I'm not sure exactly what gerne is doing here. Could anyone explain?
It communicates that the speaker would be happy if the other person comes back another time.
A better translation of the original sentence would be: You're welcome to come back another time. This might reflect 'gerne' better.
Thanks for explaining. I suspected that was the case, but I wasn't sure that the speaker wasn't saying that the other person would be happy to come back, if you see what I mean.
I think it could in principle mean that as well... But it would be such a weird thing to say, so it is clear from the context that this isn't what is meant.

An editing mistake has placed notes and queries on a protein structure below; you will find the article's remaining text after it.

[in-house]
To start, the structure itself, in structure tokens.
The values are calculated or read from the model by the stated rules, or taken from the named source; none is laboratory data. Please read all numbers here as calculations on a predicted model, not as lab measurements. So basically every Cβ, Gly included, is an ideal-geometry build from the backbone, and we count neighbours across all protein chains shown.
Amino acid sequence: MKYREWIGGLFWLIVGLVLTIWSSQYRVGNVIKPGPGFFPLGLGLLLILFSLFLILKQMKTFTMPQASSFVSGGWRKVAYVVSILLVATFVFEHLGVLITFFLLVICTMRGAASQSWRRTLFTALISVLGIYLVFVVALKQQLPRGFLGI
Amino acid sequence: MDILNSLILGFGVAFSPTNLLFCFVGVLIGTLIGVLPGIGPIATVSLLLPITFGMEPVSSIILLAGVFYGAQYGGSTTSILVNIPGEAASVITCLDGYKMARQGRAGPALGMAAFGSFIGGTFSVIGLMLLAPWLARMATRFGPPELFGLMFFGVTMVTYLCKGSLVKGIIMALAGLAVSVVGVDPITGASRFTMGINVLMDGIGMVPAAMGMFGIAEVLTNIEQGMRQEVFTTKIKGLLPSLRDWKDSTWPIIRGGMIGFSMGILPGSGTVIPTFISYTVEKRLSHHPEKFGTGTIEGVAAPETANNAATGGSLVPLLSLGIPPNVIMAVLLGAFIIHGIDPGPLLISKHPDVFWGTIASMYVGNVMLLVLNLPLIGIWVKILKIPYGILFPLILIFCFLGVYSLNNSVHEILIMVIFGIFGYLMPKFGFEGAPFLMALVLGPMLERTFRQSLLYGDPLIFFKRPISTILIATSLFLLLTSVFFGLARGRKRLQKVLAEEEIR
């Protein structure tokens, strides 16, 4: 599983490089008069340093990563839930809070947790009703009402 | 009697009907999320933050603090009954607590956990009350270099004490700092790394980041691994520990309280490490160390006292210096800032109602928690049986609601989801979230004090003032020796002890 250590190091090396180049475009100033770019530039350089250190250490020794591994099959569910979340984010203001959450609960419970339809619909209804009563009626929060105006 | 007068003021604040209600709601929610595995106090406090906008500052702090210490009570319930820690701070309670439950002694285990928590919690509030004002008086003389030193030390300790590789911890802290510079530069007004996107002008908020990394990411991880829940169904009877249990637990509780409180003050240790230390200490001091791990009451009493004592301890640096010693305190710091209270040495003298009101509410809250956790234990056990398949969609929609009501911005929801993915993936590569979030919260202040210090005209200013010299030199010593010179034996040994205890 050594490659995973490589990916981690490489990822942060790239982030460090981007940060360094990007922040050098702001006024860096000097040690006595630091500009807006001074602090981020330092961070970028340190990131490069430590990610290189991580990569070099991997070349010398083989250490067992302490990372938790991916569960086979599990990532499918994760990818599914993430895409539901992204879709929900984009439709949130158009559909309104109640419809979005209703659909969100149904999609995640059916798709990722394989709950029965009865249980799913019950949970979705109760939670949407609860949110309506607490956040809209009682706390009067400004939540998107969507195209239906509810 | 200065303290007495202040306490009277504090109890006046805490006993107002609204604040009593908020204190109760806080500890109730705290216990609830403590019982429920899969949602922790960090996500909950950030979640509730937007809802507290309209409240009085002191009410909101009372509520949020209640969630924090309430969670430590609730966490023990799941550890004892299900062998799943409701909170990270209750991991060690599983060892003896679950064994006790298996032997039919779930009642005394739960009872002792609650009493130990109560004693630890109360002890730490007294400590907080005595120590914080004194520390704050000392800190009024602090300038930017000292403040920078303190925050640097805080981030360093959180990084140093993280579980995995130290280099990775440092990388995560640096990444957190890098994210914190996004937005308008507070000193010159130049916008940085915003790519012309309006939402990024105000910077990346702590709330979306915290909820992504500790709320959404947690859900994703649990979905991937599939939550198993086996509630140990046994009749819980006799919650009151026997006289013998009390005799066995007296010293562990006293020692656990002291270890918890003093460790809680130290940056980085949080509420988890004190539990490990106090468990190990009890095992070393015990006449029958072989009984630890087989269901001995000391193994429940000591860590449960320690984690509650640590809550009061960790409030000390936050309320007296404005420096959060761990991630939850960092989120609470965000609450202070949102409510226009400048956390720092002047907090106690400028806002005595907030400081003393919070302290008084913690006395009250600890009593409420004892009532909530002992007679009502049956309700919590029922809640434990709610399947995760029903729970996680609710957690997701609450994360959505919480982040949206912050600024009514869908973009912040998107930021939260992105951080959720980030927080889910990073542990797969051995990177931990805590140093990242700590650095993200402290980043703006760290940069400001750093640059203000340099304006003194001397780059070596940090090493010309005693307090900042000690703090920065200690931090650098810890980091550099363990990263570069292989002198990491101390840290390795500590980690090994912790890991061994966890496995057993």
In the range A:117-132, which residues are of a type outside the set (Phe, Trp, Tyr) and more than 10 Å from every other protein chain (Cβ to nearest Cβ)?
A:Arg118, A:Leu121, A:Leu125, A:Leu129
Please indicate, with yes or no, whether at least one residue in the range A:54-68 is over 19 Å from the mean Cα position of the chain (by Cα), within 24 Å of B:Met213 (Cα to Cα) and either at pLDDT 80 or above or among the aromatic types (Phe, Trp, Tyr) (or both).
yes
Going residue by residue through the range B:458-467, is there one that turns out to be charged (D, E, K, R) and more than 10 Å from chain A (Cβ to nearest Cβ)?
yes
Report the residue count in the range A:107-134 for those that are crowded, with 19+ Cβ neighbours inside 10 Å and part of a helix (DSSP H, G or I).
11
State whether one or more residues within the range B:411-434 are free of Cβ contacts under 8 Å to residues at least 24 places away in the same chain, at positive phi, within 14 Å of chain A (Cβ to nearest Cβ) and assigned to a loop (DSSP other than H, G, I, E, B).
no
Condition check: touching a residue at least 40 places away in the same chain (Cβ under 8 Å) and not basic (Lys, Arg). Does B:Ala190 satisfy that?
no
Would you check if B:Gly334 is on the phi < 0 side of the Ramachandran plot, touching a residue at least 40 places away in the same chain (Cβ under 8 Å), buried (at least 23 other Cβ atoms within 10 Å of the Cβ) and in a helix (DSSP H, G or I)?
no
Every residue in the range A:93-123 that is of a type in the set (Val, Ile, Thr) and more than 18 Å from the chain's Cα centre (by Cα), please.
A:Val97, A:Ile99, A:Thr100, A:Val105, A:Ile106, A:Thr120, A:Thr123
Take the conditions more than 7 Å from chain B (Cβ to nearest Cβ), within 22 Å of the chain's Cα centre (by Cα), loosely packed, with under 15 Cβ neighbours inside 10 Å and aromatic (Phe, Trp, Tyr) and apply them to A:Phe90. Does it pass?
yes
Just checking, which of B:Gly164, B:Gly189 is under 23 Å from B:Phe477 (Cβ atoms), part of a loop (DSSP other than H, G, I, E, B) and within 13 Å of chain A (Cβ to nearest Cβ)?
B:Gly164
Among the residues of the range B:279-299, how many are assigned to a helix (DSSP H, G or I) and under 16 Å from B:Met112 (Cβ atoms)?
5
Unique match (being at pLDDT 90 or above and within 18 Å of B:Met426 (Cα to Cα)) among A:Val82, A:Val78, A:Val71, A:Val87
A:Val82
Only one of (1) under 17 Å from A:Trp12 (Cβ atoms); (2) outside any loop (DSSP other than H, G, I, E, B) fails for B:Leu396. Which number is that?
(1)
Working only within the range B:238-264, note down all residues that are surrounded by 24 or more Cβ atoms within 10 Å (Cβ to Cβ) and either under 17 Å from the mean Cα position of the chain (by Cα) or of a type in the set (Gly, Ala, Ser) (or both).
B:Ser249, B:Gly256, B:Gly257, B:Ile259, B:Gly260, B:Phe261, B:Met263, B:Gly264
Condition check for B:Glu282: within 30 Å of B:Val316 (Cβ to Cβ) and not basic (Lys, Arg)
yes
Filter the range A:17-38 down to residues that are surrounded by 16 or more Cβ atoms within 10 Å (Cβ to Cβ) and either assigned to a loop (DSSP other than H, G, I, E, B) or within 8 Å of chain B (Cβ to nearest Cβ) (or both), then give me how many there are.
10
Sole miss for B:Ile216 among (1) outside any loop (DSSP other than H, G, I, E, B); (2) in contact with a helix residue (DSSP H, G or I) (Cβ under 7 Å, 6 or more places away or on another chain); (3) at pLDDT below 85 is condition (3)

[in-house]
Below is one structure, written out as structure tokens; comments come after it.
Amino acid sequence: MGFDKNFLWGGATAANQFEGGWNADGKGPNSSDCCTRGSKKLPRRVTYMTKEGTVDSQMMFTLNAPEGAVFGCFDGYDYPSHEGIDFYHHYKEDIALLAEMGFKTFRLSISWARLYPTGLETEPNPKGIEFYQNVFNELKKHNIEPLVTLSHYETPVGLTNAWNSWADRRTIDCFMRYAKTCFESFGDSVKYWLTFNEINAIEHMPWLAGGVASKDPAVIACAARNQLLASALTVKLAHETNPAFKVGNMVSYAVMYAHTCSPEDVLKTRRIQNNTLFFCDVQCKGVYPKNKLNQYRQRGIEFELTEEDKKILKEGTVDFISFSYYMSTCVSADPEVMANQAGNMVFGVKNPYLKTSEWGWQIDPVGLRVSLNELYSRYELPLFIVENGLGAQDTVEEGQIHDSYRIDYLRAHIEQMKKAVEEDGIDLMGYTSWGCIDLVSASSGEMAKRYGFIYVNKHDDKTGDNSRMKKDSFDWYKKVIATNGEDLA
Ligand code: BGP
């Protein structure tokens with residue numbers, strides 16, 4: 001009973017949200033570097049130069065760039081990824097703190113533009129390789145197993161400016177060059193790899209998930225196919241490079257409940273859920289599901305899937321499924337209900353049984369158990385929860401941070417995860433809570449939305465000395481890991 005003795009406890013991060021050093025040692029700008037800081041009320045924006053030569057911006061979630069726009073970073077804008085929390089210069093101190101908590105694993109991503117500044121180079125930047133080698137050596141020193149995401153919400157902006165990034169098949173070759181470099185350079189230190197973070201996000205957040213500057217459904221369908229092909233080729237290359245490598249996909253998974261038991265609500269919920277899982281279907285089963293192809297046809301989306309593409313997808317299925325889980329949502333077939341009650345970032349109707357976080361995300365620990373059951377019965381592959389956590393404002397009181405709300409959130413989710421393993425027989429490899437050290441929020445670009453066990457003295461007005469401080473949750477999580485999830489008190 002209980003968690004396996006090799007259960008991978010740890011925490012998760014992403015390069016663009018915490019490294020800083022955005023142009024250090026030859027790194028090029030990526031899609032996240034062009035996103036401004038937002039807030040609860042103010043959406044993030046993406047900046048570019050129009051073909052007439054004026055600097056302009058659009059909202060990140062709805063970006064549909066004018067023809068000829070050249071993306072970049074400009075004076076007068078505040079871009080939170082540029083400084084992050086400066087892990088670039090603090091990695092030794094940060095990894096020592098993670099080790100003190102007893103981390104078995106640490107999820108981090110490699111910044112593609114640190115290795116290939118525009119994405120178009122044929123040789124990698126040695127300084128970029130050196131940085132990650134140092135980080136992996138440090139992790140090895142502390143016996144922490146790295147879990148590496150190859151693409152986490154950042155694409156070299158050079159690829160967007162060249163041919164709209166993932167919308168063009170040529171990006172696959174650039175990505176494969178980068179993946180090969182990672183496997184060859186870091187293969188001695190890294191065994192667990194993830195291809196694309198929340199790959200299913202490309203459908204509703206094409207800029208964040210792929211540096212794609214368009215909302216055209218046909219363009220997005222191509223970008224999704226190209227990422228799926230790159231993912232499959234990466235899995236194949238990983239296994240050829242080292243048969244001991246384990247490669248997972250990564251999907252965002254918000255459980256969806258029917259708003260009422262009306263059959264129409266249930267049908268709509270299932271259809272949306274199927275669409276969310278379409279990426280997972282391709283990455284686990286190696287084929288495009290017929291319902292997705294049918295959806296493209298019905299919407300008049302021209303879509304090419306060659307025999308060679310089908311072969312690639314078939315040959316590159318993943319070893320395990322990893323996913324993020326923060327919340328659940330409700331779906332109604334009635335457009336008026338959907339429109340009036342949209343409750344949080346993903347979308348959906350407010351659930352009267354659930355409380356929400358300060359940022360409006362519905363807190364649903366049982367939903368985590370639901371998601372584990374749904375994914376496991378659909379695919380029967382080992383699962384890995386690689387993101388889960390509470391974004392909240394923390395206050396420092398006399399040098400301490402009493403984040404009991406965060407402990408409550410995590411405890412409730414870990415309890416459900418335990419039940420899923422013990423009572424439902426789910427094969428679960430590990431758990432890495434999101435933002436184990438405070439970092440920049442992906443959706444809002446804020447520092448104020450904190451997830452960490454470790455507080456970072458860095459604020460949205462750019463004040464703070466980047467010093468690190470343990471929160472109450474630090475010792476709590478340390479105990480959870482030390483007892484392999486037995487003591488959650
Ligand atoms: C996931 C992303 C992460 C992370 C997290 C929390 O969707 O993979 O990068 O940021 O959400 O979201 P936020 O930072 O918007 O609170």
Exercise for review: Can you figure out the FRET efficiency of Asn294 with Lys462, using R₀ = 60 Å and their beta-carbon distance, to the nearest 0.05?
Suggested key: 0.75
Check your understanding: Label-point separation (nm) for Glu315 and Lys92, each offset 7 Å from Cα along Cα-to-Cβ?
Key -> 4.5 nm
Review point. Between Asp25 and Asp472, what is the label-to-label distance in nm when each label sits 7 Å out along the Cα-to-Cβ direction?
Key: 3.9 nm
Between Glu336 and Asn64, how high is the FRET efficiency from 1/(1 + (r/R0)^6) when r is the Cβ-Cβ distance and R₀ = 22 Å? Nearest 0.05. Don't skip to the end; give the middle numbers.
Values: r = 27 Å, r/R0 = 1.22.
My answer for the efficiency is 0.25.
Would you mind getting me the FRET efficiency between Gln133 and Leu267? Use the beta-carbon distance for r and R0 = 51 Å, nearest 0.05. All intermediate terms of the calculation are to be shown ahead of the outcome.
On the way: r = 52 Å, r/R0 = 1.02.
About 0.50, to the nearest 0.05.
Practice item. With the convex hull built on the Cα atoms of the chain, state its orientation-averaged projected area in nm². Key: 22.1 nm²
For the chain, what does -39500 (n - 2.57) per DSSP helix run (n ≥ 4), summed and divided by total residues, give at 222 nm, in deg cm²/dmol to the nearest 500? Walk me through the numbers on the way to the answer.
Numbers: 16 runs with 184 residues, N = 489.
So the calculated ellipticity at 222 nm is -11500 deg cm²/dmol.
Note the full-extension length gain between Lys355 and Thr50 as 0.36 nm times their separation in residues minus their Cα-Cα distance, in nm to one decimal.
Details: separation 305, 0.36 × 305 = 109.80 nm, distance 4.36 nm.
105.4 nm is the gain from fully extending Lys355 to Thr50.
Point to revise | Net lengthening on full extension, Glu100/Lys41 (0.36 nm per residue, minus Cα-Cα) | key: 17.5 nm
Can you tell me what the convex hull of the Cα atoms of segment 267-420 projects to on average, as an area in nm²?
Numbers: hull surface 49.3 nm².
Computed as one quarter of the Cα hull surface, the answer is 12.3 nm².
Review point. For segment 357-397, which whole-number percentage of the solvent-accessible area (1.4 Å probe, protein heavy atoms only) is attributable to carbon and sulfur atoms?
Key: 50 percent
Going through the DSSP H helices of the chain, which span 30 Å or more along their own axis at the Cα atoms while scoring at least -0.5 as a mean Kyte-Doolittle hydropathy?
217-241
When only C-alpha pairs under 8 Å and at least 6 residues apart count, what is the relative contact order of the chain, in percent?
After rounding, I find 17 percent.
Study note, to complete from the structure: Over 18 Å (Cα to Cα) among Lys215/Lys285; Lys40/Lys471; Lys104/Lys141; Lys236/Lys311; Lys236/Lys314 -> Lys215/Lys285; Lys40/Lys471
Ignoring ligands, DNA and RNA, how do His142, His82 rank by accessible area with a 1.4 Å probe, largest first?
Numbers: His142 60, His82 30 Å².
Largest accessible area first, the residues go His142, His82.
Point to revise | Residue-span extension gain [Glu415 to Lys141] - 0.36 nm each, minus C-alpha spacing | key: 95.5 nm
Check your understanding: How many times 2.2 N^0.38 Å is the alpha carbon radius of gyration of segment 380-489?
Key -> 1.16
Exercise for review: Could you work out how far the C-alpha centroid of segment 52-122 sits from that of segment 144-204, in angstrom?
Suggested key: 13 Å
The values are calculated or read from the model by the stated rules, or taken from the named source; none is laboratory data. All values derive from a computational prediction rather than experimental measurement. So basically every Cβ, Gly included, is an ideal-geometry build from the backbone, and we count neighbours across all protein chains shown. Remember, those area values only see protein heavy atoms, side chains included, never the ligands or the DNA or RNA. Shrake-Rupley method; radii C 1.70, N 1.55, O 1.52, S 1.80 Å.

is the e in 'gerne' a conjugation or does it always have an e on the end?
gern and gerne are the same thing. Some people use one instead of the other.
If there is already 'ein anderes', what is the 'wieder' for?
wiederkommen = to come back